In the past year, the news has reported on a record-breaking breach suffered by Yahoo, the barrage of hacked emails from members of the Democratic Party and a massive cyber attack that shut down a number of major online entities, including Twitter, Amazon, Netflix and PayPal. While these attacks would seem to act as a warning sign that businesses need to better protect their data and their company from the affects of a cyber attack, many executives instead dangerously assume they're safe. "After all," the reasoning goes, "hackers are only interested in huge targets, such as multinational corporations and political parties. They won't go after me. I'm too small."
Of course, that outlook flies in the face of current statistics, which suggest that every company–no matter the size–is at risk. In its 2016 Internet Security Threat Report, Symantec noted there is plenty of hacking to go around. Of the companies in their study, small businesses (fewer than 250 employees) accounted for 43% of all attacks, medium size (250-2,500 employees) 22% and large corporations (2500+) 35%. The report also noted that there's been a steady increase in attacks on companies with fewer than 250 employees over the last five years. In fact, attacks on those companies jumped 11% from 2014 to 2015.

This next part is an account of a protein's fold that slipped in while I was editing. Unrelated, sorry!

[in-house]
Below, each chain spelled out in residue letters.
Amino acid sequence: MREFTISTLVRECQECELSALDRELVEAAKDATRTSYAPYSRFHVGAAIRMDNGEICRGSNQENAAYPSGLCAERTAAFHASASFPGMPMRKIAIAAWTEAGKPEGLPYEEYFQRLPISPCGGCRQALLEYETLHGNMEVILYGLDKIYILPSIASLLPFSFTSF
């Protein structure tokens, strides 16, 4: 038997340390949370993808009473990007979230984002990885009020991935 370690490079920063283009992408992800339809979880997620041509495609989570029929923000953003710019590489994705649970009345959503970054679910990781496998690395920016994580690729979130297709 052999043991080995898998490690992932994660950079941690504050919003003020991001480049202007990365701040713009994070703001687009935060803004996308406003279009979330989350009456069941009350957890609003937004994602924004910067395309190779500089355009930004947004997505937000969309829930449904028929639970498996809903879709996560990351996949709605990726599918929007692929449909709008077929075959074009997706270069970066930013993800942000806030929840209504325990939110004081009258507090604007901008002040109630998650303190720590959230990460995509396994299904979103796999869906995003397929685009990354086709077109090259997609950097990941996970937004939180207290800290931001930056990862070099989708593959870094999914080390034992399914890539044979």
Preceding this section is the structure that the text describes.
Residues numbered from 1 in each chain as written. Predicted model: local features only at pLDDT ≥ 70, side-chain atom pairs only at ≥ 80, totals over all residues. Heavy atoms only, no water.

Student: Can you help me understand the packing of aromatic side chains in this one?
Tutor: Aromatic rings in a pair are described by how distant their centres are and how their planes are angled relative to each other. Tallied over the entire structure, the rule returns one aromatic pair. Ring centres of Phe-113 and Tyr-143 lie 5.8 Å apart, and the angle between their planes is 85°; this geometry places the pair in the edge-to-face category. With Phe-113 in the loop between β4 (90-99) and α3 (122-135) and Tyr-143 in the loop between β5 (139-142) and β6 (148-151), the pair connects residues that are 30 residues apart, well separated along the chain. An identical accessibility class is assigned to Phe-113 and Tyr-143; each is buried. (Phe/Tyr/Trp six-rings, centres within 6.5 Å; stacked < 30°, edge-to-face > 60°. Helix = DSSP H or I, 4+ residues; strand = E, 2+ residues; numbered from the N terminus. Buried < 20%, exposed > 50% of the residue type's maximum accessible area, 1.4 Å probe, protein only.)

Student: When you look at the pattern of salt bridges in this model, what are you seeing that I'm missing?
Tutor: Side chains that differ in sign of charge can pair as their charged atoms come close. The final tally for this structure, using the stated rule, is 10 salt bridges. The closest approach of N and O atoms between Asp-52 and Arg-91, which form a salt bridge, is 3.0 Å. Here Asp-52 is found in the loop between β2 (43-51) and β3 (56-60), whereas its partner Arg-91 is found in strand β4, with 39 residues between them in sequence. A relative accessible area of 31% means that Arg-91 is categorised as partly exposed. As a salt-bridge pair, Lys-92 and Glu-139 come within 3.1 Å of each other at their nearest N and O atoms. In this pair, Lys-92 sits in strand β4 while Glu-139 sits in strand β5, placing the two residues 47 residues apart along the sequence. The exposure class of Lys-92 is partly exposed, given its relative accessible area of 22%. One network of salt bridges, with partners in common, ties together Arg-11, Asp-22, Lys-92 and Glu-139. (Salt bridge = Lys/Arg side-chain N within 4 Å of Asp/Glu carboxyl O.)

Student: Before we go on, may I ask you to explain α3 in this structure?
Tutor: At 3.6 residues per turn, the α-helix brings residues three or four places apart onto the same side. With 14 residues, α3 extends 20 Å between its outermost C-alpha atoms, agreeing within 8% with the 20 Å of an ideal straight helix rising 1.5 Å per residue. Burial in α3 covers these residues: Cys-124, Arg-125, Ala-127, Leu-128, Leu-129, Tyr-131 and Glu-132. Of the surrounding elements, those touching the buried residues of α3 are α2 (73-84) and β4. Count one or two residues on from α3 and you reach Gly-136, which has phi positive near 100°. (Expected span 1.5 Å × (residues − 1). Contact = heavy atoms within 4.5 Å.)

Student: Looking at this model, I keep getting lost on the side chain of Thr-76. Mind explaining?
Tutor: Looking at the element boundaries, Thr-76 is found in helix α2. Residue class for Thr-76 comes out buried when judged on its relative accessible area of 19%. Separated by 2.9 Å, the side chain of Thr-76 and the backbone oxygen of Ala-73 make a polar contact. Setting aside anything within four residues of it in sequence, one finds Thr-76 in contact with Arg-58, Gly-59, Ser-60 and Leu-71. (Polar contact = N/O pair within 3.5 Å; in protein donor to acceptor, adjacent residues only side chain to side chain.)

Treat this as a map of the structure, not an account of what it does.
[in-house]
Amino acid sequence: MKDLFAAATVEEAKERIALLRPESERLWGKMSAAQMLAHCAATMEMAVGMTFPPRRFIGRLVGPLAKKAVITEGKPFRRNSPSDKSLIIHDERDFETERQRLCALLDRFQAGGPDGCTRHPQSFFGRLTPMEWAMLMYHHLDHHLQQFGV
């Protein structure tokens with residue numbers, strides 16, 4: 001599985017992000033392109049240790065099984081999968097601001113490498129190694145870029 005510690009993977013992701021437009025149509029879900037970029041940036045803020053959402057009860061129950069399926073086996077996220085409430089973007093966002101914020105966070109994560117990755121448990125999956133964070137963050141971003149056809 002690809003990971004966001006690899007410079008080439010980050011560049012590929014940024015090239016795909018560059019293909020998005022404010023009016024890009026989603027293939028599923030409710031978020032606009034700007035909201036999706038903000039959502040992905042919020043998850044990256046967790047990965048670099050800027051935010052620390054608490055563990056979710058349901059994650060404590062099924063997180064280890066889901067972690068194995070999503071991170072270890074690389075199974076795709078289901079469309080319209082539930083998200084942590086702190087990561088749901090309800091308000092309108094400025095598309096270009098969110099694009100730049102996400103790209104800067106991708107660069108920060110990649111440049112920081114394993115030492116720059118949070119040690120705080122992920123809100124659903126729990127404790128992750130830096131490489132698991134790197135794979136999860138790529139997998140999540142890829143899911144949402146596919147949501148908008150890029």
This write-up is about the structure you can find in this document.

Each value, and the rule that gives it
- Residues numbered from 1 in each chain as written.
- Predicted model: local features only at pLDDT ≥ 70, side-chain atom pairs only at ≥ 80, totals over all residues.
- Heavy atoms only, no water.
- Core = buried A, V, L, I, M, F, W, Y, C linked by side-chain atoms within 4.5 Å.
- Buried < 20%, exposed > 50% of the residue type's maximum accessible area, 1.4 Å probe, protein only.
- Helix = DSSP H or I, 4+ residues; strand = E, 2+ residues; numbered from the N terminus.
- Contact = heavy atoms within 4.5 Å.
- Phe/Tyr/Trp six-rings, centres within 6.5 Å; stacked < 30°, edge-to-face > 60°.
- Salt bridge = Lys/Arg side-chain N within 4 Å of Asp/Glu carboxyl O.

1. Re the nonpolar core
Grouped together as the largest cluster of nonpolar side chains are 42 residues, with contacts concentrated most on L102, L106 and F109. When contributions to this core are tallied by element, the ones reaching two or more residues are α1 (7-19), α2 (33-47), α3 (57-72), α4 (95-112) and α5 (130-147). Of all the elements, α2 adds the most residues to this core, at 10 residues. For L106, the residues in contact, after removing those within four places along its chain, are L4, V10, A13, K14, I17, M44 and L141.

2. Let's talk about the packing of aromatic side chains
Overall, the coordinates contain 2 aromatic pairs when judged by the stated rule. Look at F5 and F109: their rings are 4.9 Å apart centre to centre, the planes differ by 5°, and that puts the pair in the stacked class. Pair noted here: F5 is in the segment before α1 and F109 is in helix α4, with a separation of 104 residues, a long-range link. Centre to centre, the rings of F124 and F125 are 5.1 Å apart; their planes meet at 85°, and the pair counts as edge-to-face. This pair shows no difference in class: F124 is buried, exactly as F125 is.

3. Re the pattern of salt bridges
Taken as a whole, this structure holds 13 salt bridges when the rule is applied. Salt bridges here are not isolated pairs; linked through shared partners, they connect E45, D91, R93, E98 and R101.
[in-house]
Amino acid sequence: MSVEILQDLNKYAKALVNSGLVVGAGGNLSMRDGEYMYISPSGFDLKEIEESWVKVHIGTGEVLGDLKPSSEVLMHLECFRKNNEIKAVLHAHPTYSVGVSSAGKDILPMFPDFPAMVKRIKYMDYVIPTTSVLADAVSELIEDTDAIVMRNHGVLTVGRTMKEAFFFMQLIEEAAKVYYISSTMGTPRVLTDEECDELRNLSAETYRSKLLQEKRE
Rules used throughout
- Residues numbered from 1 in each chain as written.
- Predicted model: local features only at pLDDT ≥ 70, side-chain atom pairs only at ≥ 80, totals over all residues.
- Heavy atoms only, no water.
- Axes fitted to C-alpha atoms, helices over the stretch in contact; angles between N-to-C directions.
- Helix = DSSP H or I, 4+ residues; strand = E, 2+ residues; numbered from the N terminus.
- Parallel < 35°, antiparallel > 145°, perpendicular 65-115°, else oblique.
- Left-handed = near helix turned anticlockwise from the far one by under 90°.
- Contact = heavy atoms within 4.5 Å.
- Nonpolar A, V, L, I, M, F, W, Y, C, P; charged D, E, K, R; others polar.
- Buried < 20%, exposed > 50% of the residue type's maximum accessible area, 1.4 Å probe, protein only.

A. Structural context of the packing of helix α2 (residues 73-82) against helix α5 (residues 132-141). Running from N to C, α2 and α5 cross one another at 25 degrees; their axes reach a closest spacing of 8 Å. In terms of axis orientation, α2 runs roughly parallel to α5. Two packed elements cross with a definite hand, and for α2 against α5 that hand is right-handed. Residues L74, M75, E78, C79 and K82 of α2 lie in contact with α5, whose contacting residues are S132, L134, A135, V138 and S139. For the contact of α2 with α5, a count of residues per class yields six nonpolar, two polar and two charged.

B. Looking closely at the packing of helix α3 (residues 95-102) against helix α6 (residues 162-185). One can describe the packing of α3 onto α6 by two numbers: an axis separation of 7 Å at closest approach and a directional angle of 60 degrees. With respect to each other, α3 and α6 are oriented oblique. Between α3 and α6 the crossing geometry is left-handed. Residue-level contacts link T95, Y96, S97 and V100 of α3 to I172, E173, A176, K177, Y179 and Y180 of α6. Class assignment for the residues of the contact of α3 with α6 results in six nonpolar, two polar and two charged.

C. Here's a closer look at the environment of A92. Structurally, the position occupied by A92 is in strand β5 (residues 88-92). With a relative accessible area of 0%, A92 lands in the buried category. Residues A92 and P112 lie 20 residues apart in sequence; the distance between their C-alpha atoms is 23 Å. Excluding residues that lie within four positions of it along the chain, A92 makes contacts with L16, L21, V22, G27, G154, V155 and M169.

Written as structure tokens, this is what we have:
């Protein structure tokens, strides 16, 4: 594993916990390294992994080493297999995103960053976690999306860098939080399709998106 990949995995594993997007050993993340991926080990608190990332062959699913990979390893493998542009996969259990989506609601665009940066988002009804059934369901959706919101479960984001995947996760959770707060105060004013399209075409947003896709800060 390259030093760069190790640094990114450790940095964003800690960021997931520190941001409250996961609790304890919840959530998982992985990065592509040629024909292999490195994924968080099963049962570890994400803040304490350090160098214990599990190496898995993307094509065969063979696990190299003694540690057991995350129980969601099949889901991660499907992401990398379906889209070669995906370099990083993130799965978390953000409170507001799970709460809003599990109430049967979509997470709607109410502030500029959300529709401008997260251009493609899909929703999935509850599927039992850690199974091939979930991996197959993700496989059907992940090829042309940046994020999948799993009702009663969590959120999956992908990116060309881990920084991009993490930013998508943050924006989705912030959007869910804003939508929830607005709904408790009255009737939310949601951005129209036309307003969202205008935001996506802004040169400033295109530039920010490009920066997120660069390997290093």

One explanation for this jump in attacks on small to mid-size companies is obvious. Hackers know these companies are less likely to have a data security plan in place, making them an easier target. Even more, it's becoming easier for them to initiate attacks through automated malicious code that gets access to your system and sends back the data. Thanks to these unmanned attacks, they don't need to expend much energy to attack smaller companies making it more worth the effort.
Now in addition to the fact that your data may not be well protected and hacking has become easier, throw into the mix that you're in the mortgage banking business and collect personal information from your customers, prospects and employees. Put that all together, and it's no stretch of the imagination to see how your firm could be the perfect target for an enterprising cyber thief...
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Call me, Lee Brodsky, at 312.915.2226 or email Lbrodsky@jmbins.com